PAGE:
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June 10, 2005

John Dean on the Downing Street memo

With Watergate in the news, it’s worth rereading a lengthy article John Dean wrote for Findlaw exactly two years ago—and as the guy the FBI once described as the “master manipulator of the [Watergate] cover up,” he should know about this kind of thing:

To put it bluntly, if Bush has taken Congress and the nation into war based on bogus information, he is cooked. Manipulation or deliberate misuse of national security intelligence data, if proven, could be “a high crime” under the Constitution’s impeachment clause. It would also be a violation of federal criminal law, including the broad federal anti-conspiracy statute, which renders it a felony “to defraud the United States, or any agency thereof in any manner or for any purpose.”

And as Geov Parrish points out in Seattle Weekly:

That’s exactly what the Downing Street Memo, first reported a month ago by The Times of London, proves. The memo is an account of the report given to British leadership by Richard Dearlove, head of Britain’s MI-6 (the equivalent of the CIA), after a meeting with top White House officials. Dearlove described, fully eight months before the invasion of Iraq, an American determination to go to war and to manipulate public and congressional opinion with what Dearlove characterized as a “thin” case for the presence of weapons of mass destruction and links between Saddam Hussein and Al Qaeda.
It’s hard not to contrast the frenzy that greeted the revelation of a 30-year-old secret with the thudding indifference U.S. media have given the Downing Street Memo. The memo has scarcely been mentioned in the country’s leading newspapers and has been completely ignored by evening network news.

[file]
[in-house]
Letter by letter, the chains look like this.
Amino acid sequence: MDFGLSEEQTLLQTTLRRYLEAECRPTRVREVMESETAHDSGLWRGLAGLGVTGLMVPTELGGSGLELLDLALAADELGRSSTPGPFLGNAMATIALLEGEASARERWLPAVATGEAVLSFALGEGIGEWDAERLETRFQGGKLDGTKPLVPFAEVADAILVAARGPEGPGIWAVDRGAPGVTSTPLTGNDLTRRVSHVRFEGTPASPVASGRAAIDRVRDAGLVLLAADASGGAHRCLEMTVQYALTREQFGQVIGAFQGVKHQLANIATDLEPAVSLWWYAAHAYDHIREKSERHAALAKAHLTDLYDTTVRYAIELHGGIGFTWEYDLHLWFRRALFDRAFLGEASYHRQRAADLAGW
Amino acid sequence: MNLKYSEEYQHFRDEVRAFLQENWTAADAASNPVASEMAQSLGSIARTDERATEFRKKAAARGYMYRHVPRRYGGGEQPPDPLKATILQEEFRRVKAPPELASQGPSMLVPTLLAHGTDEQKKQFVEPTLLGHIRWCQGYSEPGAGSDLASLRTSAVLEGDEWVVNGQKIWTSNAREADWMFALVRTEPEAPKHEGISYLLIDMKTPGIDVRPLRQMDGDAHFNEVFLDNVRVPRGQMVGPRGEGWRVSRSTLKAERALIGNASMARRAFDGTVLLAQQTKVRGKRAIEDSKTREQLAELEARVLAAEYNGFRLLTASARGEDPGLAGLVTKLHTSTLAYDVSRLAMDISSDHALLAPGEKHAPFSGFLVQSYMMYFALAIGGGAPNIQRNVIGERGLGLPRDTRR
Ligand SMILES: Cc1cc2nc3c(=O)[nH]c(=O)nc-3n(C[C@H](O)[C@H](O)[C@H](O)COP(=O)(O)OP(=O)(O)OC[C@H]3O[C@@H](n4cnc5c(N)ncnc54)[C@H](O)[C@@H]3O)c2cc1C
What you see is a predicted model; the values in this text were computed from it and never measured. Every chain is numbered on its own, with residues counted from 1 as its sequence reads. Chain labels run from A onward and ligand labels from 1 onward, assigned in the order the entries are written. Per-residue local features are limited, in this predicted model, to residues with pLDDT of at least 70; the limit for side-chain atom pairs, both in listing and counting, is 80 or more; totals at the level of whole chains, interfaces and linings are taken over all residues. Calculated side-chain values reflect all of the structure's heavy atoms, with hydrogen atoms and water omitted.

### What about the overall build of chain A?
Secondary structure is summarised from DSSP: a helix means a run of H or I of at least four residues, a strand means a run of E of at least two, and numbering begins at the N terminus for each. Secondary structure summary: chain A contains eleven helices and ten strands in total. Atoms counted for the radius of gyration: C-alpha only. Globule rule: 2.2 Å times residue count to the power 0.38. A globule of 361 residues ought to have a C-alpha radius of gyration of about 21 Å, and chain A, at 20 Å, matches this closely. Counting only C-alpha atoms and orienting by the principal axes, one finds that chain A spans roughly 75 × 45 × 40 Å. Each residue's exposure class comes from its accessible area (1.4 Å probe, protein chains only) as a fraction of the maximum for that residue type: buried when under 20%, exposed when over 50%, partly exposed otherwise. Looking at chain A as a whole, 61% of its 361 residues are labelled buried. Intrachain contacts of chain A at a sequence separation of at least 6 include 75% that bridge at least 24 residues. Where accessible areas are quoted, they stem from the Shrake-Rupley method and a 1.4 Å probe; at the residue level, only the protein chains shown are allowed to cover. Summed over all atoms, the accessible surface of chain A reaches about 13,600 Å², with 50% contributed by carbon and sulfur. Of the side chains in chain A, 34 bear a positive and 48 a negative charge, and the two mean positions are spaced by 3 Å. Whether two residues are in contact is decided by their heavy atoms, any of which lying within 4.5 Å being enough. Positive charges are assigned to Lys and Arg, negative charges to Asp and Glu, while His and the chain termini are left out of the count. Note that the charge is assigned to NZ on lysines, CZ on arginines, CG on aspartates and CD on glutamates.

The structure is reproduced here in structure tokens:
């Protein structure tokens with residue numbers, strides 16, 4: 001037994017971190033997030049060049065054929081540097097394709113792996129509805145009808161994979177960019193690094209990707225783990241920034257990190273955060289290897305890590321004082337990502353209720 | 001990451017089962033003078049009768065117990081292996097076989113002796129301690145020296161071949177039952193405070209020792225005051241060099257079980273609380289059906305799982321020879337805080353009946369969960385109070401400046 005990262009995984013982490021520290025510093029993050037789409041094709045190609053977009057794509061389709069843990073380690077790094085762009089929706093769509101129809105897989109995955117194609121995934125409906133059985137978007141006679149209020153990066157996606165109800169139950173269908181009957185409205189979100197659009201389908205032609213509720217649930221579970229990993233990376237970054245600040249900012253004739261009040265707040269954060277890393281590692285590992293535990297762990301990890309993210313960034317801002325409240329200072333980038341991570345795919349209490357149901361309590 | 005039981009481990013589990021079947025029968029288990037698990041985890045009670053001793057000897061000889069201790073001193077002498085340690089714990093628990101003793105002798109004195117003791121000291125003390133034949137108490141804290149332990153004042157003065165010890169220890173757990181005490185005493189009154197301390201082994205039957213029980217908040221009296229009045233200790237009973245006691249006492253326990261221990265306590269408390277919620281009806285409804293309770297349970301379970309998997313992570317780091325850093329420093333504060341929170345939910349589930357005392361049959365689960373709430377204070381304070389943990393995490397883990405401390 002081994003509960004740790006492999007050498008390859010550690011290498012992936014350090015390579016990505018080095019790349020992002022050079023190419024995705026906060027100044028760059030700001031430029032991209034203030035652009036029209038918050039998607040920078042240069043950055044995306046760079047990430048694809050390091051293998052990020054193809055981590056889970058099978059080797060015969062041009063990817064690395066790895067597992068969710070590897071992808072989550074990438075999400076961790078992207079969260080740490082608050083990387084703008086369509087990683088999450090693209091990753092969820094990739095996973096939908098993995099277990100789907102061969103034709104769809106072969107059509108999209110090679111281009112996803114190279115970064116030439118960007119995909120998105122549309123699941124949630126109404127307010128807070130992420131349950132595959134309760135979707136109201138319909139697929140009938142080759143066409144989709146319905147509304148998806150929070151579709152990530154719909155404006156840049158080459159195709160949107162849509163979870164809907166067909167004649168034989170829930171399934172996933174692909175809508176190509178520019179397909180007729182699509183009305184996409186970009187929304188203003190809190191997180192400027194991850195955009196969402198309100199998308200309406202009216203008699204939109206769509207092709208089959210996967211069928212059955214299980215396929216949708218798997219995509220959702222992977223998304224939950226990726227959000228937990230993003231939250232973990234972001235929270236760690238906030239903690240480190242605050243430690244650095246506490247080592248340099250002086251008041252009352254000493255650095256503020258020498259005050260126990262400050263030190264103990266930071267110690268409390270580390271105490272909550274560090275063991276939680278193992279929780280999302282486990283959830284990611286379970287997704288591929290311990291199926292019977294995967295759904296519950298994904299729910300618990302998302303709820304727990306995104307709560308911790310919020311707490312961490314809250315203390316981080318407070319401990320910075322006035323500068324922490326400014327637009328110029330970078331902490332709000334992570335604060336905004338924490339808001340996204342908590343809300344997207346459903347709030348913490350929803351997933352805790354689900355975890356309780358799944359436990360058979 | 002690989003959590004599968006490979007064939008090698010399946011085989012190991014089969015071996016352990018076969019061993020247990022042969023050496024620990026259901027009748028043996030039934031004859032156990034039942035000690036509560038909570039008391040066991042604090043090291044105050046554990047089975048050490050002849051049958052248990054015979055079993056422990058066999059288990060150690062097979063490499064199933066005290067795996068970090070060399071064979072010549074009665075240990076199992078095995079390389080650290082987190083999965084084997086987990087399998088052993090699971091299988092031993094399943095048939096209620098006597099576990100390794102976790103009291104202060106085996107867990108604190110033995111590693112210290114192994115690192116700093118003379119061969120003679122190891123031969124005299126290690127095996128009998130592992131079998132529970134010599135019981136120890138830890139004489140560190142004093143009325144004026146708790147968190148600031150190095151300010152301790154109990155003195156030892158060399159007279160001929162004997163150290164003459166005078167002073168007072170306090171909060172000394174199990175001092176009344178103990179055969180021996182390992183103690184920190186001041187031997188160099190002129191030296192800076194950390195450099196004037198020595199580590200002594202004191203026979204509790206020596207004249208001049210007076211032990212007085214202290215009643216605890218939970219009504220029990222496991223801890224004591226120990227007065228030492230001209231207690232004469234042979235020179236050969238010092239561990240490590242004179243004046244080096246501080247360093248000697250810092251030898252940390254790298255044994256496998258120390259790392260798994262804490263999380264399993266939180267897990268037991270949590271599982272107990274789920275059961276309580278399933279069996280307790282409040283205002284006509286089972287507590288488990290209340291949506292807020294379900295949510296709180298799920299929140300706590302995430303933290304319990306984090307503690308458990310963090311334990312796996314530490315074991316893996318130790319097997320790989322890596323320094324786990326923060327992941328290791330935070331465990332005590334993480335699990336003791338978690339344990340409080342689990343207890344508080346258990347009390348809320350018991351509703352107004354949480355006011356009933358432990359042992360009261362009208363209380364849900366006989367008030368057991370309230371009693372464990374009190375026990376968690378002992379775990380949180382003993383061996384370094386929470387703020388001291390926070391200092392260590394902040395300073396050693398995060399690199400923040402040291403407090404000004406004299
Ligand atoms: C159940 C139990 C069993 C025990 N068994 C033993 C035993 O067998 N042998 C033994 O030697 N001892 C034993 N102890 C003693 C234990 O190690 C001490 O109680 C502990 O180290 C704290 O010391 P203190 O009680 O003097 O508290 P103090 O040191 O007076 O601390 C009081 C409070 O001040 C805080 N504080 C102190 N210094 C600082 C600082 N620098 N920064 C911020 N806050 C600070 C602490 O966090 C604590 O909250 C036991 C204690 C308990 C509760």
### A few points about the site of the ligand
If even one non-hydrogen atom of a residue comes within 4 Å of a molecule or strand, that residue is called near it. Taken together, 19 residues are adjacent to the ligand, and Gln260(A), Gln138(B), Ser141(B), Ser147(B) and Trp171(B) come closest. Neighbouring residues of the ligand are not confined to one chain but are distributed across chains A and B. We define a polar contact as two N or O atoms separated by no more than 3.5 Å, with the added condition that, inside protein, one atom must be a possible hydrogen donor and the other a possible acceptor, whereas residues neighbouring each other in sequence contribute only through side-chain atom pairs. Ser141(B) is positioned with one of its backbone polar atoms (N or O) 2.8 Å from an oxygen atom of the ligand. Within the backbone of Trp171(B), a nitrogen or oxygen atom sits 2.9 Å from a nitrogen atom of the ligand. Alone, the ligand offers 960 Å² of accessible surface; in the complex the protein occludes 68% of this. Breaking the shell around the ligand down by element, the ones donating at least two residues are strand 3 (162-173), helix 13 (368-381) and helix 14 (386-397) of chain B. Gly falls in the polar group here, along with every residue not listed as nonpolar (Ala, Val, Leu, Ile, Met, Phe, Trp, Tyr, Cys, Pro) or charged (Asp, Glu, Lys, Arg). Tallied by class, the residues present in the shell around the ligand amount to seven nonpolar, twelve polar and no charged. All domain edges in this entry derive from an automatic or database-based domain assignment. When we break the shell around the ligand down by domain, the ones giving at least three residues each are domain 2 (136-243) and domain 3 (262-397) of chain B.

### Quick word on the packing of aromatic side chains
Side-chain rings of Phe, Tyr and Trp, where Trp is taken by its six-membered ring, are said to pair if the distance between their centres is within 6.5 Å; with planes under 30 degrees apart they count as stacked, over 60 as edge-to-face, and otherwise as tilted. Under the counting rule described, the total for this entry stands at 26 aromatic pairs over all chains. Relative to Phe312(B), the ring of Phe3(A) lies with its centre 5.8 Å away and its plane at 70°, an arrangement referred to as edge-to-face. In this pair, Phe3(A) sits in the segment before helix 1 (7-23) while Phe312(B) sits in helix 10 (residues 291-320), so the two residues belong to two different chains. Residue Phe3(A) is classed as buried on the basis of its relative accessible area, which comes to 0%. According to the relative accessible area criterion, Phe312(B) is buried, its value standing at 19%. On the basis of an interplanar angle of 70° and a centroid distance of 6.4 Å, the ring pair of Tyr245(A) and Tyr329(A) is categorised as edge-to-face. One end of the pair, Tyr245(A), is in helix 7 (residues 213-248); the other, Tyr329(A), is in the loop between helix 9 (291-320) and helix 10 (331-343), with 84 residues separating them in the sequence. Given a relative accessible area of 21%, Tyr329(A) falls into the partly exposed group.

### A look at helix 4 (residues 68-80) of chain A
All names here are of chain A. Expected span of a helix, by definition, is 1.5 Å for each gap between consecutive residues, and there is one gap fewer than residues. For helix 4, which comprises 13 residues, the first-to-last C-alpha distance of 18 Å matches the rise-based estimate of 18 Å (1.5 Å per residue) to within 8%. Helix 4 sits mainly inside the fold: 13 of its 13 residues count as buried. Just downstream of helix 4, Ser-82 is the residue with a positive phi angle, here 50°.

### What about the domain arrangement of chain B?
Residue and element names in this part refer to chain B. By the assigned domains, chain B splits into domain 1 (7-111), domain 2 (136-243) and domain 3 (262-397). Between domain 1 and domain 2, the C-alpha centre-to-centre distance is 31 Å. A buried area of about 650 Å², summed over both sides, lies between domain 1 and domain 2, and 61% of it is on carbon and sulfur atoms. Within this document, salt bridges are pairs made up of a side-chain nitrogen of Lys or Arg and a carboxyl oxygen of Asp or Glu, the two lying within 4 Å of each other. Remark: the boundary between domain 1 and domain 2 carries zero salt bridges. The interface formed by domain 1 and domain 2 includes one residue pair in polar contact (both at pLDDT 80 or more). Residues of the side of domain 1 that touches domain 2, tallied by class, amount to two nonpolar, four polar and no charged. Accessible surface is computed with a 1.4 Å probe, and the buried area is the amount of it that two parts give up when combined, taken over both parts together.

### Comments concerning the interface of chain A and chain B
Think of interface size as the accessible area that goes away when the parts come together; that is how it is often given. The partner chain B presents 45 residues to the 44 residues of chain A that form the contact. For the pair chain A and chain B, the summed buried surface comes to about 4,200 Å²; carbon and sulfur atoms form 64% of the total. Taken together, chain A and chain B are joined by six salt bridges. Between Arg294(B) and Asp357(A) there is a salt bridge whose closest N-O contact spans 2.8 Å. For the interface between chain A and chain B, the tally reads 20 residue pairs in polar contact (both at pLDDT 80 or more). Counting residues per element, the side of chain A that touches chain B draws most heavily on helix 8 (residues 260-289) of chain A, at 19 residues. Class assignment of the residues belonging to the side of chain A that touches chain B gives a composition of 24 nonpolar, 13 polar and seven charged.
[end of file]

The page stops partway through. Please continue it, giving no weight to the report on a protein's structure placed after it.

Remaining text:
The reasons are numerous, but it adds up to a depressing reminder that Watergate, as reported in 1972–74, would never be reported today. The same secrecy, paranoia, and demands for absolute loyalty that were the undoing of the Nixon administration have been used, in our modern media climate, with resounding success by the Bush administration. Media outlets today are far less willing to invest the time and money in investigative journalism, far less willing to rock the boat or risk being tagged with the dreaded “liberal media” tag.

Parrish is pessimistic about the chances of impeachment:

Obviously, a Republican-controlled Congress is not about to impeach its own president. Enormous public pressure would have to be brought to bear. But that public pressure has also been missing, starting with the media coverage … We’ve lost an essential tool for accountability of our country’s highest powers. They still lie and cheat—only, today, we no longer seem to care.

At least, the mainstream media doesn’t.

Posted by Stephen at 5:28 PM in Politics | Permalink | TrackBack (0)

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